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#75
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Re: Re-Drilling a Wooden Propeller

12/27/2011 4:33 PM

Wasn't me- but thanks for the concern.

I fly a powered paraglider - not a powered parachute (I know it sounds like a minor difference, but there are actually significant differences between the two)

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#76
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Re: Re-Drilling a Wooden Propeller

12/27/2011 4:44 PM

I'm glad that wasn't you and I hope that your prop is still working out for you. DJ

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#77

Re: Re-Drilling a Wooden Propeller

01/20/2017 12:12 PM

I know this is an old post,

but failure right here is imminent

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#78
In reply to #77

Re: Re-Drilling a Wooden Propeller

01/21/2017 4:49 AM

Might be why we haven't heard from him for a while? There's reg's for a reason. Unless you have a death with

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#79
In reply to #78

Re: Re-Drilling a Wooden Propeller

01/21/2017 6:40 AM

Building Experimental aircraft, the lack of regulations can be a death wish.

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#80
In reply to #77

Re: Re-Drilling a Wooden Propeller

01/22/2017 6:07 PM

Hey guys,

Here are a few more details on how this finished up. As you can see in the first attached image below, I plugged the holes and drilled a new set 30º rotated from the original set. It worked out fine and the prop performs well. I've only put double digit hours on it as its not my primary prop, but I am highly confident in its stability. I don't think that plugging the holes actually added any/much strength back and it likely would have been fine just adding the extra set and no plugs.

As Laughing Jaguar commented the torque of the motor isn't transmitted through radial contact of the OD of the bolts and the ID of the holes in the prop - A clamp plate is used to press the prop against the hub and the frictional face-on-face contact is the primary torque transmission interface. The second attached image below shows what the clamp plates look like. There are actually props that use a single bolt/nut through the center of the prop which makes it easier to visualize this.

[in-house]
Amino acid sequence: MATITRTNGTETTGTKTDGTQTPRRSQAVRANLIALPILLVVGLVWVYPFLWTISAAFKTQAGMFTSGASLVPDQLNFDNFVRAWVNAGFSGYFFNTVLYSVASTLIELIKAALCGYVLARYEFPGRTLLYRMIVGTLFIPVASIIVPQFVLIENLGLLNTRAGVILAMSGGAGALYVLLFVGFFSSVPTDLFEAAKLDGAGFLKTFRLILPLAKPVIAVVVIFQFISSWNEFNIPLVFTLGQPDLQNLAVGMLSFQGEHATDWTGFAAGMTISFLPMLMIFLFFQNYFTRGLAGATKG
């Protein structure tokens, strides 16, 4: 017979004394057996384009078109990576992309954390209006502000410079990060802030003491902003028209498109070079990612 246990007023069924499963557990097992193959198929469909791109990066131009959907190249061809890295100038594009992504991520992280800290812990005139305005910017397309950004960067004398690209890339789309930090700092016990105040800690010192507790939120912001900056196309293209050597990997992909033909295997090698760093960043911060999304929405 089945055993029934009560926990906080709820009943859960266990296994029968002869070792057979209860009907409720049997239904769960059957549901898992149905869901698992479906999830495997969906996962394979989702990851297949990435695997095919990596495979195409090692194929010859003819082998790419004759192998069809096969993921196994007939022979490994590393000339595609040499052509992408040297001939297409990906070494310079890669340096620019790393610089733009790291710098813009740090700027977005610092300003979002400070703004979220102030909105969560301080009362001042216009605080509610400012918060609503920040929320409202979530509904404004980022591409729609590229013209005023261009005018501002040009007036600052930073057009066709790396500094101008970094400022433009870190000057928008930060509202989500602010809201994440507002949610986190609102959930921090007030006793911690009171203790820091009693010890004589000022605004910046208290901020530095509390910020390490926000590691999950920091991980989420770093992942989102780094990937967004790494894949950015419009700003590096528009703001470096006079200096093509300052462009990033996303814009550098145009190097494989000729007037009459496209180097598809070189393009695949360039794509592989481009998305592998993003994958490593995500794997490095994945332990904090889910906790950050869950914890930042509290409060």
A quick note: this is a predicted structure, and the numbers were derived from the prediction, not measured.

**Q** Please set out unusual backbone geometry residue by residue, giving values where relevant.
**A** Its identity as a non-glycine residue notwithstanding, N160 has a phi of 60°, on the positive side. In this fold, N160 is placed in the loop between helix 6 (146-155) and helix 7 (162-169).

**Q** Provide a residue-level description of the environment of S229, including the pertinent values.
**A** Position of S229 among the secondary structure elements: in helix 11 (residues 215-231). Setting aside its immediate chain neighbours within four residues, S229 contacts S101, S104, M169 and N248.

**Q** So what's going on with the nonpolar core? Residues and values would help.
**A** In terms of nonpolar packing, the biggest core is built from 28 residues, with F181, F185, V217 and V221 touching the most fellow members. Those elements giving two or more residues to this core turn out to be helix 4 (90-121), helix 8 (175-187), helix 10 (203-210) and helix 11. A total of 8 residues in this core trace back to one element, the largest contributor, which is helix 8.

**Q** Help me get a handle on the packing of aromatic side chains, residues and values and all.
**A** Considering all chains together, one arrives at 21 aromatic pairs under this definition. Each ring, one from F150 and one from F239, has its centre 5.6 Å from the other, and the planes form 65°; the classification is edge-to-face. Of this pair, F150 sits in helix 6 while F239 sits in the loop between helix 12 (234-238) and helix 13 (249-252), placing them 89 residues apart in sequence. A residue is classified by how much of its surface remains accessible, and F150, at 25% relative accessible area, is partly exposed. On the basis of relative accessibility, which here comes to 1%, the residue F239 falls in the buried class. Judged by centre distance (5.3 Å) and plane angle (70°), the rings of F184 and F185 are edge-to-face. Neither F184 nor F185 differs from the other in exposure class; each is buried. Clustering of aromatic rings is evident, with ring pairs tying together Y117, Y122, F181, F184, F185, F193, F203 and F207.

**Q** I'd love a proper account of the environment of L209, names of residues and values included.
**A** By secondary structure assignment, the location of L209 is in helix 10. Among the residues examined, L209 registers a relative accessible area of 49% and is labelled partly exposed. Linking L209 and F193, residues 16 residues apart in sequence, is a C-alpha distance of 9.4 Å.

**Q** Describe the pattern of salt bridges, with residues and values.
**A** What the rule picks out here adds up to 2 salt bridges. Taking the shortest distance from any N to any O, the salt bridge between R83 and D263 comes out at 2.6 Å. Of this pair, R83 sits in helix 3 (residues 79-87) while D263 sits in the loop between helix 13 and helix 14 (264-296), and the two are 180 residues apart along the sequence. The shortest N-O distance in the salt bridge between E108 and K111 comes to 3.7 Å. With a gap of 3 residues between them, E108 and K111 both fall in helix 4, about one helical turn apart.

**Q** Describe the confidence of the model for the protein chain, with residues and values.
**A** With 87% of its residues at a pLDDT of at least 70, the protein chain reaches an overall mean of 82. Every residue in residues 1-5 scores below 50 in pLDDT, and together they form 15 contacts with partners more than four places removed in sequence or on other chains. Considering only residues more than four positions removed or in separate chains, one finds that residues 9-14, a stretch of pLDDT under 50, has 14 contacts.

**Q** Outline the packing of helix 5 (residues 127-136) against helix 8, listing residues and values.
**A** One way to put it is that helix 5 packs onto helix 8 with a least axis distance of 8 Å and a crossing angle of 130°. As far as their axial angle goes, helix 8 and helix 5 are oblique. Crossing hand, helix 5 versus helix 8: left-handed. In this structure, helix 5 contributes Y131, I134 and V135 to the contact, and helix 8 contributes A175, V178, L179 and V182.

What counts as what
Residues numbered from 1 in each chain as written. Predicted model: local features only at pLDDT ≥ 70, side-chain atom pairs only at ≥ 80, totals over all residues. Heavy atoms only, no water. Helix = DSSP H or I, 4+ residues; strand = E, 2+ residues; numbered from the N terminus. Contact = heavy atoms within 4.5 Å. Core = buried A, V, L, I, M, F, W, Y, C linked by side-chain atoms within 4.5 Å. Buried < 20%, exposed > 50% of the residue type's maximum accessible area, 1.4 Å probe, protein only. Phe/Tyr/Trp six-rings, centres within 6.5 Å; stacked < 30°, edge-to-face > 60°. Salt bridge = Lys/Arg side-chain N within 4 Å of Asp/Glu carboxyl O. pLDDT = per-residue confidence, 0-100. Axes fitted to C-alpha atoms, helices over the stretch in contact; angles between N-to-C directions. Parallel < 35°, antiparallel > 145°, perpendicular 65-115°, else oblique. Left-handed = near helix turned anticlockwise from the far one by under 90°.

My only adjustment to the accurate details Laughing Jaguar added is that the concentricity alignment of prop to drive hub (at least on the paramotors I have experience with) is created through the center hole of the prop press fit referencing a protruding boss on the drive hub, and not the bolt holes which are oversized for clearance. I actually just used a drill press to add the new clearance holes after laying out the locations with a template.

If any of you would like to check out some of the pictures that I have taken while flying - my flickr page is below:

https://www.flickr.com/photos/jcs7928/

Just out of curiosity - Phoenix911, how did you happen to come across this ~8 year old post?

Regarding dj95401's comment "There's reg's for a reason. Unless you have a death with "

I'm not sure what a "death with" is but I certainly don't have a death wish. I think that the overly skeptical, obscenely critical, and non value adding comments might possibly deter someone naive from doing something foolish, but at least for me, they are just a bit frustrating and seems like a waste of time for those who write them.

Thanks again to all those who shared constructive inputs! They make digging through the crap worth-while :)

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#81
In reply to #80

Re: Re-Drilling a Wooden Propeller

01/23/2017 2:30 PM

We always appreciate a good follow-up with good pictures and detailed explanations.

Glad to hear you are still flying, I still have dreams of flying something someday myself. Recently, I did catch a really good video of a glider that was launched by the operator running down a hill or jumping off like a hang glider. I think I would really like flying a glider and I love the cost of fuel for them! They are like the sailboats of the sky...except you can't drop a hook and raft up with other gliders to share strong drink and good food.

Drew K